Suspected pirates off the coast of Somalia should be prosecuted under the supervision of the United Nations, according to a letter sent by Turkey to UN Secretary-General Ban Ki-moon and made public here on Wednesday.Nice idea,though it shows a degree of faith in the UN that I personally don't see much justification for.
In the letter, Turkey's permanent representative to the UN, Ertugrul Apakan, suggested the formation of a judicial system to punish perpetrators and deter potential pirates from a life of criminality.
"Turkey believes that it would be useful if a mechanism is put in place in one of the countries of the region, under the supervision of the United Nations, to effectively prosecute persons suspected of piracy and armed robbery at sea off the coast of Somalia," said Apakan.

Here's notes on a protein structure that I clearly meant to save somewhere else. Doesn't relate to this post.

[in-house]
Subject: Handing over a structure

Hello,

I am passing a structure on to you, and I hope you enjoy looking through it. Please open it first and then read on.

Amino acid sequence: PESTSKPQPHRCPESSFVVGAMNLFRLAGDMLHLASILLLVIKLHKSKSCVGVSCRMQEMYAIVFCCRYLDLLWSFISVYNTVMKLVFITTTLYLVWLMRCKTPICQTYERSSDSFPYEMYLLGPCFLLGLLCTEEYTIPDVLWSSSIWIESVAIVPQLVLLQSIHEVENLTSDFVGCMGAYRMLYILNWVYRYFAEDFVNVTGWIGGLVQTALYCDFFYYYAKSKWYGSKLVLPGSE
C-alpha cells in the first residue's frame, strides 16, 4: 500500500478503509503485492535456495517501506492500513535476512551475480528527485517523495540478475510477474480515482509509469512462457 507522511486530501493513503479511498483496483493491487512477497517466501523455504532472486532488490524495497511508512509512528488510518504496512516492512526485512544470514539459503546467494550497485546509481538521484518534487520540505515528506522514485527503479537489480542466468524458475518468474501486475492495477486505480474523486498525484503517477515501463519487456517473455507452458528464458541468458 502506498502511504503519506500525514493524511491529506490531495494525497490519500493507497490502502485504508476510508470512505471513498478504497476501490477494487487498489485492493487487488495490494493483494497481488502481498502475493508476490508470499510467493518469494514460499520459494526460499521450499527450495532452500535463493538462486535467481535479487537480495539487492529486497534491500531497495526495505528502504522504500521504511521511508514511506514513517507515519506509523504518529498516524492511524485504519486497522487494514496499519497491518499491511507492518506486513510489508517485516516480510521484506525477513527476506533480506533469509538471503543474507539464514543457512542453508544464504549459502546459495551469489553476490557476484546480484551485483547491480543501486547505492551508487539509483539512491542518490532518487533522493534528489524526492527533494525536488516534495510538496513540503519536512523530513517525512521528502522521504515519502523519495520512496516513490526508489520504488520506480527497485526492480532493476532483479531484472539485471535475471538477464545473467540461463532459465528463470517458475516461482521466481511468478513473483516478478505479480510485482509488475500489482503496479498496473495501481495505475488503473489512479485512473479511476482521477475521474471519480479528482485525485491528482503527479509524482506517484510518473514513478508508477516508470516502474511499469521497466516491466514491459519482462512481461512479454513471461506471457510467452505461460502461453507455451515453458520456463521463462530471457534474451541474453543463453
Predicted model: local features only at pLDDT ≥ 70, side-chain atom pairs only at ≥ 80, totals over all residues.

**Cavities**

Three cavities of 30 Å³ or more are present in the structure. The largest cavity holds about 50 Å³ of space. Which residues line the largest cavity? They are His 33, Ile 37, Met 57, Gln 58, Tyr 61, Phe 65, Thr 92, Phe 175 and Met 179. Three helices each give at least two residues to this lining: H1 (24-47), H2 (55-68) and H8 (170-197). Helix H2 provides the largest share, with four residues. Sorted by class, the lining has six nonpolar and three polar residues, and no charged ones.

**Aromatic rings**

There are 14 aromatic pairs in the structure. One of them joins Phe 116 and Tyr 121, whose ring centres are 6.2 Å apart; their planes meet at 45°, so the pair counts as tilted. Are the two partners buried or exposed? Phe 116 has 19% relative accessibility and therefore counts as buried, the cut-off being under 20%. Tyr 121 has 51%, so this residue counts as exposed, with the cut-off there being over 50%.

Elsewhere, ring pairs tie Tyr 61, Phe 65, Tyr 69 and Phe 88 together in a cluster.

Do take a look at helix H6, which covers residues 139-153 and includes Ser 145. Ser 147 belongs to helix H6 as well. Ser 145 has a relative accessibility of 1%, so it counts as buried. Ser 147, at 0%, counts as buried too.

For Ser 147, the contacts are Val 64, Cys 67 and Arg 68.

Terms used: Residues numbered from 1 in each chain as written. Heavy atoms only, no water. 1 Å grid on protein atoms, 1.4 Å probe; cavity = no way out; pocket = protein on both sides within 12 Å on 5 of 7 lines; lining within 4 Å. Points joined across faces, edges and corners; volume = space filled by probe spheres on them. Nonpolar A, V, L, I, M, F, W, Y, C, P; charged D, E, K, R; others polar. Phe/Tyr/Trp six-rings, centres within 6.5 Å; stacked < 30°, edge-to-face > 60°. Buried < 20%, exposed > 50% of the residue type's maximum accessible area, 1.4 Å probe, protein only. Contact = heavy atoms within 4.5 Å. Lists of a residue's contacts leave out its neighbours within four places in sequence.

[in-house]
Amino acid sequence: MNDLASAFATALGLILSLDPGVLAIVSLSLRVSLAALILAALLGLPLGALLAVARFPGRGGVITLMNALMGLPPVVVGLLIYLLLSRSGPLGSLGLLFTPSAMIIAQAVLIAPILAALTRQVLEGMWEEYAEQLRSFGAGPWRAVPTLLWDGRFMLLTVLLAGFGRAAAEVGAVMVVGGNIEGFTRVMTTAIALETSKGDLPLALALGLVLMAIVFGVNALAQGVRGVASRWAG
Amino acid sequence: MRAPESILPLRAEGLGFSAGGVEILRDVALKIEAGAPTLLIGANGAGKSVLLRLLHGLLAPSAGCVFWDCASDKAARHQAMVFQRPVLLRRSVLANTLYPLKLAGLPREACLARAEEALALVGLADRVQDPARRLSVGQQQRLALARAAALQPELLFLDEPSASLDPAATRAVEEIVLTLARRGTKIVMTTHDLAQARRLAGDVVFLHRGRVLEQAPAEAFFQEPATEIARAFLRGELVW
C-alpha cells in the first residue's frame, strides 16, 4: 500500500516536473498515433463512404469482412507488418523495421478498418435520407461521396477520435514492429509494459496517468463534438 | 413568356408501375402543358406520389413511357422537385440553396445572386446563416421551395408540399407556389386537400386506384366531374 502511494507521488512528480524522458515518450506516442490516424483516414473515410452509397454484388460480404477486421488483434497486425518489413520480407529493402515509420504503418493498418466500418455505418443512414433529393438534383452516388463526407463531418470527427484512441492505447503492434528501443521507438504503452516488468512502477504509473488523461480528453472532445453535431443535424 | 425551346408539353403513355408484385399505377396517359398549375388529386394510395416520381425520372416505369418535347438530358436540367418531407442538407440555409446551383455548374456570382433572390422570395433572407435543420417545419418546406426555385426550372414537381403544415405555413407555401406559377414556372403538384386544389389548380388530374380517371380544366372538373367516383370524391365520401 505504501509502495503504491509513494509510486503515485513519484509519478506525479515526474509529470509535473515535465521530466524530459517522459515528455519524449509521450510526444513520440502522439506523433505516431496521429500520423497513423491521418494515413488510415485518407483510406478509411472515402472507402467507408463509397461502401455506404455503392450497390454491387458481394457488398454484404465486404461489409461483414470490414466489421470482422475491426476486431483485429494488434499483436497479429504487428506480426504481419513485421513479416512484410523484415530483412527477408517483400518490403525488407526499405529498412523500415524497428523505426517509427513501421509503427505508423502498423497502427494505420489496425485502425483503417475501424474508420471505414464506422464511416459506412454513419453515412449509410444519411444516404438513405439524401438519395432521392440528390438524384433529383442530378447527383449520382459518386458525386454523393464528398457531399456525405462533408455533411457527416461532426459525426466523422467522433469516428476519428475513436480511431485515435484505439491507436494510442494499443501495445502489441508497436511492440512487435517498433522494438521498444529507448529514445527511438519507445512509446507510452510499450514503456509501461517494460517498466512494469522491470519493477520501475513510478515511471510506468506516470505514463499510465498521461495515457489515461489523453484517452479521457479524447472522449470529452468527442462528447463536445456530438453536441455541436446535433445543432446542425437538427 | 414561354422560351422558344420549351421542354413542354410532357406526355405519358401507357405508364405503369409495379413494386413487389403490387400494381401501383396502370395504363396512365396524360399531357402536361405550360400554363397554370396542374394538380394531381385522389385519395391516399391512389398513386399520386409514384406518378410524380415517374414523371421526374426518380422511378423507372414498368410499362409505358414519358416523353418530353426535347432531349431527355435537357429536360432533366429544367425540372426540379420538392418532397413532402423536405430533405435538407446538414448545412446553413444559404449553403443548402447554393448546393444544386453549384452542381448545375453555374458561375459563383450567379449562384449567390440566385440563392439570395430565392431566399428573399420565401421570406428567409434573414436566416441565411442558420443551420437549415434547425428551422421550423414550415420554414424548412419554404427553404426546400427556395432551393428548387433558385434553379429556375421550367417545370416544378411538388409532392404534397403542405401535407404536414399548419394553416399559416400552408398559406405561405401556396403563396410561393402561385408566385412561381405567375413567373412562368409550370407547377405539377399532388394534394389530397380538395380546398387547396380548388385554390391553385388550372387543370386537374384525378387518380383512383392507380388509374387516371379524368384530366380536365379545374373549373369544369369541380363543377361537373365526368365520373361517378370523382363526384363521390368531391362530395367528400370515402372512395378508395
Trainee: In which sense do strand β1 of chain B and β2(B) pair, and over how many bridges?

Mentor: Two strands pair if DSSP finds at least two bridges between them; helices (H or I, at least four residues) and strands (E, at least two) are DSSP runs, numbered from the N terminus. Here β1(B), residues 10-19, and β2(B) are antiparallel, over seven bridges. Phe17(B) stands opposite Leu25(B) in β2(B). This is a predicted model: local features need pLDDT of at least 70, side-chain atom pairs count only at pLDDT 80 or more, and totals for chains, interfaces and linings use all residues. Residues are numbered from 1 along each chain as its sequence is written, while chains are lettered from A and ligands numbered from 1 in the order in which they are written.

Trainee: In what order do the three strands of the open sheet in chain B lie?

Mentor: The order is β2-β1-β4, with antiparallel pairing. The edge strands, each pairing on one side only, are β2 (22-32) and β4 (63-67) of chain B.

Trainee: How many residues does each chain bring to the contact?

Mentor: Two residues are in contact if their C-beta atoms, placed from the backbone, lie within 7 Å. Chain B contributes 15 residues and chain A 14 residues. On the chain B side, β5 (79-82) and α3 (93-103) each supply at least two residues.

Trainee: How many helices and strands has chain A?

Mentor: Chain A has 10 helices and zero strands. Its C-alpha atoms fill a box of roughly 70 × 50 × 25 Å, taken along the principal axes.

Currently, no clear legal regime exists to hold pirates off the coast of Somalia accountable. Normally, under the United Nations' Law of the Sea Treaty, Somalia would try its citizens. But Somalia never ratified the treaty, and is largely deemed a lawless nation without a viable government.
To make do, countries like the United States and Britain have signed Memorandums of Understanding with the Kenyan court system to try suspected pirates in a kind of Hague international tribune.
But without a clear international legal framework, many countries, like Turkey, are calling for the United Nations to coordinate a comprehensive judicial mechanism.
"Suspected pirates?" Unless and until it's an international crime to sail in international waters with rifles (which is currently is not), RPGs and ladders "suspects" are all you are going to have unless you catch pirates boarding or occupying a ship. "Catch and release" is a bad choice, but it may be the best choice currently available.